Jorja Smith releases what could be one of the freshes debuts since Amy Winehouse’s debut album. With a fresh spirit for UK soul that smells like an supernatural fresh mint. Smith releases “Lost & Found”.

Everyone would be happy that the fact her debut “Where Did I Go” (where she D.I.Y her first visual), “Blue Lights” (the anthem that got her talking after using a classic Dizziee Rascal track) and “Teenage Fantasy” made it to the official tracklist. She enters through with a tender variations of her raspy yet unique vocal with the same track title “Lost & Found”. The steady drum beat against the intricate rhythm of the piano allows Smith to detail an unsecret love despite being unsure.

Why do we all fall down with innocence?” 

Indeed, the brutant honesty and wit about falling in love gives a sense of that adolescent immaturity to adult feelings and emotions. “Teenage Fantasy” continues this mature take on the puppy love in the times of adolescence and the mood swings associated with fantasy and reality. The understated message is just be yourself and work on yourself. The tempo changes with the alternative R&B/Soul with her debut single “Where Did I Go”, before giving a stripped back R&B with “February 3rd”. Once again, she’s taking instrumentals heard from common R&B tracks, such as violins, wavy riffs strings that against her vocals, which continue to shine through the track. This is a lead to “On Your Own”, which has a little reggae element with an atmospheric feel, with a build towards the chorus with the ethereal backing vocals. Next on the album we have “The One”, which is more theatrical soul fit for a movie soundtrack. Who knows what will happen eh? Judging by the violins and the fierce rhythmic take on the sambo drums. We think that this could be a future hit that can draw in new listeners. “Wandering Romance” takes things with the new skool soul with the ethereal keys and the repetitive rip. It’s an organic feel with a influence from nineties’ R&B in intricacy. “Blue Lights” gives a gritty take of life living in the city taken told from a female perspective when dealing  with the current issues of discrimination and prejudice. “Lifeboats (Freestyle)” shows that’s there more to Smith, with those poetic lyricism channeling the late Lauryn Hill and young Lily Allen. It’s a smooth acoustic that allows you to think, and it’s that sense of acoustic is what leads us to “Goodbyes”. “Tomorrow” is a ballad whisked with heavenly tender harmonies from Smith.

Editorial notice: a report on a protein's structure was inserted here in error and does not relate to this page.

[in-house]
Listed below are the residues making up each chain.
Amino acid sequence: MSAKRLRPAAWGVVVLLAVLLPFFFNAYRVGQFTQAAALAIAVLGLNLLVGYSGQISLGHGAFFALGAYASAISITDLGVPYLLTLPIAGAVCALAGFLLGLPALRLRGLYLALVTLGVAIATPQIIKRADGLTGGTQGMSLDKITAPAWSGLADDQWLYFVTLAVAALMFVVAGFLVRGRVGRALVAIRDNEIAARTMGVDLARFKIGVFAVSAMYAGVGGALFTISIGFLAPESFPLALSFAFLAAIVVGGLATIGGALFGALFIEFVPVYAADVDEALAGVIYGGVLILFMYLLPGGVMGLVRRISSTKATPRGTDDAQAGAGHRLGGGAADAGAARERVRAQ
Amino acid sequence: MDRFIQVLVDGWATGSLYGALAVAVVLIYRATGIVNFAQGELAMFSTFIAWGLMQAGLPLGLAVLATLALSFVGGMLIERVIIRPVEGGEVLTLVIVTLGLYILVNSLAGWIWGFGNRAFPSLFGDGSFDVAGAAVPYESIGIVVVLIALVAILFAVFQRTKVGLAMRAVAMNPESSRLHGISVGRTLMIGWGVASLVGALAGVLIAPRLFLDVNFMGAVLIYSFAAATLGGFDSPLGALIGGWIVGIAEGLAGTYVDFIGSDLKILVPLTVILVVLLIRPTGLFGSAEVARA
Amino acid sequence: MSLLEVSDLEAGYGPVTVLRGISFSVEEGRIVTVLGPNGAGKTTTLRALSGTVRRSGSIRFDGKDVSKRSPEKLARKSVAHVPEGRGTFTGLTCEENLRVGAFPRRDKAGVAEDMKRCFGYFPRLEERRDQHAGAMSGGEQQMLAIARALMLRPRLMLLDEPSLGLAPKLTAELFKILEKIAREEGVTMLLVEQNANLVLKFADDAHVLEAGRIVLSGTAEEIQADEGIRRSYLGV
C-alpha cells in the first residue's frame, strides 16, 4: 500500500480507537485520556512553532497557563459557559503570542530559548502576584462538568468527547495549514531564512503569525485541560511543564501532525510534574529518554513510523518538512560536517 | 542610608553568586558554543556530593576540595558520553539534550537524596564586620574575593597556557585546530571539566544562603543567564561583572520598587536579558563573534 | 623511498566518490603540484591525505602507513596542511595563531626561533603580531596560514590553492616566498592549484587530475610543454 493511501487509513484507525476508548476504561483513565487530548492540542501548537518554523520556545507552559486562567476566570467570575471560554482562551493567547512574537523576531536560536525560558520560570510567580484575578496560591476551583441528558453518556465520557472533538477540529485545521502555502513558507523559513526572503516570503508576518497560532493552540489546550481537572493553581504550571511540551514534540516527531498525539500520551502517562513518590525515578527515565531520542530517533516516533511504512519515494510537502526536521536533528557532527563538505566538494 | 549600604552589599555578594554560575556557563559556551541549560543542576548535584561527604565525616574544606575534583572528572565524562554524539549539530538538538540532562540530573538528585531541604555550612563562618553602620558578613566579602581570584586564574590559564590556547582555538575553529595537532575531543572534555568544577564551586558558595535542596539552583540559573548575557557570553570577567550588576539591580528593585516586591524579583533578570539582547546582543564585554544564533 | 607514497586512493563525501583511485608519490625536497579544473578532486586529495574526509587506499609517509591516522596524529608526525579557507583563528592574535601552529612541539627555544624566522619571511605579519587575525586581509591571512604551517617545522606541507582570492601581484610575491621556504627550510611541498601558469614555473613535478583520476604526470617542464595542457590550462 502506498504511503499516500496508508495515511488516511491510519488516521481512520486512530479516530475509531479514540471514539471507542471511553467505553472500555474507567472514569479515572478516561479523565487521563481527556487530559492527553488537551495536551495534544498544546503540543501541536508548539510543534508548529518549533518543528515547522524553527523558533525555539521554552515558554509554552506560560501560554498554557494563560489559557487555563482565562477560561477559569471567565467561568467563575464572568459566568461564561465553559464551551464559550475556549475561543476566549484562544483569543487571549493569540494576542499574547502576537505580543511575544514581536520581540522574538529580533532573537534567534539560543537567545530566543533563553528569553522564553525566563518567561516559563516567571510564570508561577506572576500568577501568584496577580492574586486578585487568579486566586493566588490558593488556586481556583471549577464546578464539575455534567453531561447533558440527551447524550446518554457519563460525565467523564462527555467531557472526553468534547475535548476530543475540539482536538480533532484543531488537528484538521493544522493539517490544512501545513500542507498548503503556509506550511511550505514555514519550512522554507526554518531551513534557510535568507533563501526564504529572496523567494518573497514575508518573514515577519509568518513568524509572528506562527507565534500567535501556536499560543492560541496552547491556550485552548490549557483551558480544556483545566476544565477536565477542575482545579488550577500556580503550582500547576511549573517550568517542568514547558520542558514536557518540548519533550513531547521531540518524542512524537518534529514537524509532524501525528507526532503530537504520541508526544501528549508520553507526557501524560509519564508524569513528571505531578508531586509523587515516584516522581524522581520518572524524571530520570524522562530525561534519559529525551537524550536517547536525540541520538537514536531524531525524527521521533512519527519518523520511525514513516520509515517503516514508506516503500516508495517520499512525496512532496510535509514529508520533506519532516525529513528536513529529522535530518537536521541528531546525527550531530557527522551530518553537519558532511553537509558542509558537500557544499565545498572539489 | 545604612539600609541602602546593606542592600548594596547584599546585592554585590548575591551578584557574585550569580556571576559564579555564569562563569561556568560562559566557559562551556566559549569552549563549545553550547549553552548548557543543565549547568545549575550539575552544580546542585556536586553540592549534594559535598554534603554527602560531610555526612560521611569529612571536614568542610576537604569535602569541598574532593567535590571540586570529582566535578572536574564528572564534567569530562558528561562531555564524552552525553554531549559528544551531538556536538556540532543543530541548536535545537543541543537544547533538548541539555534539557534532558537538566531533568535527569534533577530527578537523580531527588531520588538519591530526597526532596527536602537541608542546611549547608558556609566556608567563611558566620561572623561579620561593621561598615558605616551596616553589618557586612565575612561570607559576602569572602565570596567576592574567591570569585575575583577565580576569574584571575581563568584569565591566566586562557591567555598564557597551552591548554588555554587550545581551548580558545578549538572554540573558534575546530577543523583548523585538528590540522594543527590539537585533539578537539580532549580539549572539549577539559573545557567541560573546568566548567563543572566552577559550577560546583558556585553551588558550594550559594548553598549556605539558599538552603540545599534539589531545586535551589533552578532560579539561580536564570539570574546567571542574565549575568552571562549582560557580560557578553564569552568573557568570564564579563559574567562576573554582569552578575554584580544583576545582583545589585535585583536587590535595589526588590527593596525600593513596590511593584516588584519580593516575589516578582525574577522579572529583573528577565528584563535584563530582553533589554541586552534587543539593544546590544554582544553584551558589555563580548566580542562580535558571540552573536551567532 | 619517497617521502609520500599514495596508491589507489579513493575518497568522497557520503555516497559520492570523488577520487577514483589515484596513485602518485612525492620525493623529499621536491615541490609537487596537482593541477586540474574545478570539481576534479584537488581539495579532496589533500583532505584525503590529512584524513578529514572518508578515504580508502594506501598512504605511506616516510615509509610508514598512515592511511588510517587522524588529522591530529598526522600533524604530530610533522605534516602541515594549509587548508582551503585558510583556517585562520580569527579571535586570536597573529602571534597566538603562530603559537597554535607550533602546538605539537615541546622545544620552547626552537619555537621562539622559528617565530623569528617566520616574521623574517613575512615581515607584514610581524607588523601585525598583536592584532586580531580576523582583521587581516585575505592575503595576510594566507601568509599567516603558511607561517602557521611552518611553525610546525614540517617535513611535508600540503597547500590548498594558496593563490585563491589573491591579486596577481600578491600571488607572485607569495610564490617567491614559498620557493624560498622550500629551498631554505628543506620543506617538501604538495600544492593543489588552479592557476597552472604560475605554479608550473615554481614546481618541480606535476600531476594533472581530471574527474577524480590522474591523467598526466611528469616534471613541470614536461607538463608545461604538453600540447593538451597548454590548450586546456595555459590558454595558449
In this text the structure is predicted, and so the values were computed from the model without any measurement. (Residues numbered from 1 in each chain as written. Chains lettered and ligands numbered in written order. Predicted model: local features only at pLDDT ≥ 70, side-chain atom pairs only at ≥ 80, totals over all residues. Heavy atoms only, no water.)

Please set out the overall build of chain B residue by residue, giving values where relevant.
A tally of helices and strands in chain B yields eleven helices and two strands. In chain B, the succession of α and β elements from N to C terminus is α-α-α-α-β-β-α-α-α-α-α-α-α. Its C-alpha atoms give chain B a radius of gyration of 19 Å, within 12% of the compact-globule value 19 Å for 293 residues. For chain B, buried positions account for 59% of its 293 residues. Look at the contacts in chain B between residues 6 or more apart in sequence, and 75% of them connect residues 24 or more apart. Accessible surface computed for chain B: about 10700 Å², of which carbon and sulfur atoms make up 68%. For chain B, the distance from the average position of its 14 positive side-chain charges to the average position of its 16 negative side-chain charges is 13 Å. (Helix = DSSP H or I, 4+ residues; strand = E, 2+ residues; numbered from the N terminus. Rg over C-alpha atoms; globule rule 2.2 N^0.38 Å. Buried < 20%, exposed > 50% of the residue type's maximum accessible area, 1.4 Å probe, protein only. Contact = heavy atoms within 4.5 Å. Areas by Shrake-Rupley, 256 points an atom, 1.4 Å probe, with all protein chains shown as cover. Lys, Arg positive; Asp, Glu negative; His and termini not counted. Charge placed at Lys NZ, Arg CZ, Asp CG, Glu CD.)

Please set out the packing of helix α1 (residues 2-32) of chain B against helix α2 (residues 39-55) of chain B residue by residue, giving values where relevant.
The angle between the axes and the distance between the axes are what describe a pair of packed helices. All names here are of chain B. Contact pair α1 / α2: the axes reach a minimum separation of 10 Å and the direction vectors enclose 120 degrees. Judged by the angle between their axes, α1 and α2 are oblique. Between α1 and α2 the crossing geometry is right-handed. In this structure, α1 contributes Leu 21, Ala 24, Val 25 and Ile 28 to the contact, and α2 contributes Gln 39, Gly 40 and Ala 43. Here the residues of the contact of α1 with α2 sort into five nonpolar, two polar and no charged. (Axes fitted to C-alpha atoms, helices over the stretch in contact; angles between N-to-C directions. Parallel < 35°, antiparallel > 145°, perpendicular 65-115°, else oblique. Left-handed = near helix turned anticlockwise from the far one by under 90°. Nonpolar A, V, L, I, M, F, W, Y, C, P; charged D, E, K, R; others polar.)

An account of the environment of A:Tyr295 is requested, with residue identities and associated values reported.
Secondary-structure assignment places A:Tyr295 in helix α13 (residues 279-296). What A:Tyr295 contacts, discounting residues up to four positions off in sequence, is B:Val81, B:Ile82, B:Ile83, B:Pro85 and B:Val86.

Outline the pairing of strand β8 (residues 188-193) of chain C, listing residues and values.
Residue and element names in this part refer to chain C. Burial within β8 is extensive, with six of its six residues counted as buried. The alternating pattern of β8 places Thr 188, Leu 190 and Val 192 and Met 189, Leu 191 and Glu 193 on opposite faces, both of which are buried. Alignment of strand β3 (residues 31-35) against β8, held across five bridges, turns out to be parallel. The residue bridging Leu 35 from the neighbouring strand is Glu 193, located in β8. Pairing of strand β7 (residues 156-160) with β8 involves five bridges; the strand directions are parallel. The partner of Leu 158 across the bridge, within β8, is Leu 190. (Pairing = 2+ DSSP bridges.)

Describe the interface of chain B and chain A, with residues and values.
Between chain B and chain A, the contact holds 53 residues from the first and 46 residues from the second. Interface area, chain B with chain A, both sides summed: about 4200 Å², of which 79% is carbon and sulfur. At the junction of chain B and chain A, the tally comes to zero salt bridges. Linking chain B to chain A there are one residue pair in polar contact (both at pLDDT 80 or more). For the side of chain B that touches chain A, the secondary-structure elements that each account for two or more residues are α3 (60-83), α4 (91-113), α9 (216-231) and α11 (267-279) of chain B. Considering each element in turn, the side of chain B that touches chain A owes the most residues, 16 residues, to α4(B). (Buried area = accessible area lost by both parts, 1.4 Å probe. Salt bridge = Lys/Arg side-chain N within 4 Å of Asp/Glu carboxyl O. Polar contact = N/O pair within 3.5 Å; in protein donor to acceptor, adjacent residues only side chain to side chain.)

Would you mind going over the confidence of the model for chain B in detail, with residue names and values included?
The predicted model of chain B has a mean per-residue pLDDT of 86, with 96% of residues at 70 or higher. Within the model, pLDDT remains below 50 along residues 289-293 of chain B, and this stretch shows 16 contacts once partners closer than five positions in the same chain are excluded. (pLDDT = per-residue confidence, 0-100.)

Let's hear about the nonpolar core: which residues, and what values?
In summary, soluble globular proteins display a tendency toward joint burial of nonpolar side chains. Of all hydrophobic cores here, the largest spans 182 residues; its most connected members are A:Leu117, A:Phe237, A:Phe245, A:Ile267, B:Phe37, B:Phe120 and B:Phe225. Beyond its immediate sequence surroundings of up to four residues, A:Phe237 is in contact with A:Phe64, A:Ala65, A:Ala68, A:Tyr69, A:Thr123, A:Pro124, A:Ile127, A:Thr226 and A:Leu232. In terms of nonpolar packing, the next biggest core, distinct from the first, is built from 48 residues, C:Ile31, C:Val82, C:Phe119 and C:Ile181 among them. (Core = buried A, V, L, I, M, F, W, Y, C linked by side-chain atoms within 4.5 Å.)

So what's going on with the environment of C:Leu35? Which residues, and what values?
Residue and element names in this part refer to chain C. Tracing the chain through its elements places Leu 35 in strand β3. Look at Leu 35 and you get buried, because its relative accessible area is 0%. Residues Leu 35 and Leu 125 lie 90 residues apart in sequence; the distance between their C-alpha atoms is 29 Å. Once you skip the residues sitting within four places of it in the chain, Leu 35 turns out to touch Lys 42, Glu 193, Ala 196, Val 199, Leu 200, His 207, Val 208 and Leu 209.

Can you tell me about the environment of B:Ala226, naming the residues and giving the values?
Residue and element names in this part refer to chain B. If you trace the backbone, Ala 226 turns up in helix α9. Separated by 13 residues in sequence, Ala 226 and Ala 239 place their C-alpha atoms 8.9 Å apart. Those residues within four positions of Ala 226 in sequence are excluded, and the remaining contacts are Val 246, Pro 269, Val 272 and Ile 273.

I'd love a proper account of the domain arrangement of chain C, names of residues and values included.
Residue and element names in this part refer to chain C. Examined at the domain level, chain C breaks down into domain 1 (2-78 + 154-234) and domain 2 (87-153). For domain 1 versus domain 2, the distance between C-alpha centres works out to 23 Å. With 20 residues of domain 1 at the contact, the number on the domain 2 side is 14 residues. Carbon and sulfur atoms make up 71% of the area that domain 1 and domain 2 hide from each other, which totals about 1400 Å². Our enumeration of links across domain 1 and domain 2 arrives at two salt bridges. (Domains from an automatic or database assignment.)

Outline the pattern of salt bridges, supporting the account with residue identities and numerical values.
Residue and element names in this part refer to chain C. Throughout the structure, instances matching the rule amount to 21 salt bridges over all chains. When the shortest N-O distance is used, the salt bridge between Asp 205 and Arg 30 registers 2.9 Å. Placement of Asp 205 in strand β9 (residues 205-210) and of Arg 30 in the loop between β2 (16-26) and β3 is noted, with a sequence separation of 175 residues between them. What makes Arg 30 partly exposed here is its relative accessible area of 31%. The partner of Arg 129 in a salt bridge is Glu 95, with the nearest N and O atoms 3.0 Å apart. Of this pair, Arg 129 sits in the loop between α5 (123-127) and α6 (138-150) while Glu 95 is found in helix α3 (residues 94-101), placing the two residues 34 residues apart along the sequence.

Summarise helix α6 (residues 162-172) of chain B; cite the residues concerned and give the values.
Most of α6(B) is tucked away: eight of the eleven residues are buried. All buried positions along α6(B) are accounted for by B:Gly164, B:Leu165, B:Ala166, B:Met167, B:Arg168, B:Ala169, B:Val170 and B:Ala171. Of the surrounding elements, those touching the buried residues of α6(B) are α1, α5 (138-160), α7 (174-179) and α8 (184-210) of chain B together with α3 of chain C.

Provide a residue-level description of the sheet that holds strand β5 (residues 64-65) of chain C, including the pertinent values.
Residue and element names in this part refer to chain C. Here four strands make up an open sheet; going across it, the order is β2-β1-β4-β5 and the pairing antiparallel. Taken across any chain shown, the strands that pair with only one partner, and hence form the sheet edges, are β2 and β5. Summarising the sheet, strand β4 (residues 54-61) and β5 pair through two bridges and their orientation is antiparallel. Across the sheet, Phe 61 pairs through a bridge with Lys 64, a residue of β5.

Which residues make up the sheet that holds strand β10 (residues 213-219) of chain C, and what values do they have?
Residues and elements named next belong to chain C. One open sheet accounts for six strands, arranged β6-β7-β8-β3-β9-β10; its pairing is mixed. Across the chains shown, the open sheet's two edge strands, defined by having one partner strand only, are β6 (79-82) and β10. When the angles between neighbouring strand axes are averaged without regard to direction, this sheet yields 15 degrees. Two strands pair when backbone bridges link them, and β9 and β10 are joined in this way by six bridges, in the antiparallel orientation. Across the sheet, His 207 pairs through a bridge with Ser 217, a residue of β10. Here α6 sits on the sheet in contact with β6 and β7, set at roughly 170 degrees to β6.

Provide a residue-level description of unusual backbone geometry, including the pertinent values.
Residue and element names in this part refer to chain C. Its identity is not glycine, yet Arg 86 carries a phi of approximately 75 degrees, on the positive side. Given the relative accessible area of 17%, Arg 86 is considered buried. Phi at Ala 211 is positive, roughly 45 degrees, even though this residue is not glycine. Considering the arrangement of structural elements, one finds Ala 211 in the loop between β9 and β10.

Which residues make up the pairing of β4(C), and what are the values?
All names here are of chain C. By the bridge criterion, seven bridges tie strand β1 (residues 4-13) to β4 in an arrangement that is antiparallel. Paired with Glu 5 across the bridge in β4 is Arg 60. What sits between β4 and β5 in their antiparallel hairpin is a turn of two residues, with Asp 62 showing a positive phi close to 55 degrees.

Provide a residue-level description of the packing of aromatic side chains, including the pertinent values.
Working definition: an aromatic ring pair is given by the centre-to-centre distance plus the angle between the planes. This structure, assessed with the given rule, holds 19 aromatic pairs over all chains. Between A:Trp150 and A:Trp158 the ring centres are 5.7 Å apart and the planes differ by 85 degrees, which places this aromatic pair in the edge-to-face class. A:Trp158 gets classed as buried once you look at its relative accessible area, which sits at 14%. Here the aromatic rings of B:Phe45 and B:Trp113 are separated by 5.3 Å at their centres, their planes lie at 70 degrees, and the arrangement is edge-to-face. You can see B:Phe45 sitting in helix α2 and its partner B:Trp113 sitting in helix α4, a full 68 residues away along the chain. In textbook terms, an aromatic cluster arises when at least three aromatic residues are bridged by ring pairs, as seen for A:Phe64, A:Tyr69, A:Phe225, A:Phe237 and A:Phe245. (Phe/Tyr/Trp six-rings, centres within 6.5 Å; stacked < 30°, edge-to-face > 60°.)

The album cover alone (which was photographed by Rashid Babiker) was enough to think of this album as a fresh breath mint. It’s an album that has allowed to keep her sound R&B/Soul yet stripped back that allows her to shine through. She may not be Adele but she is to many the next Queen who’s down to earth with her humanist approach to UK soul.



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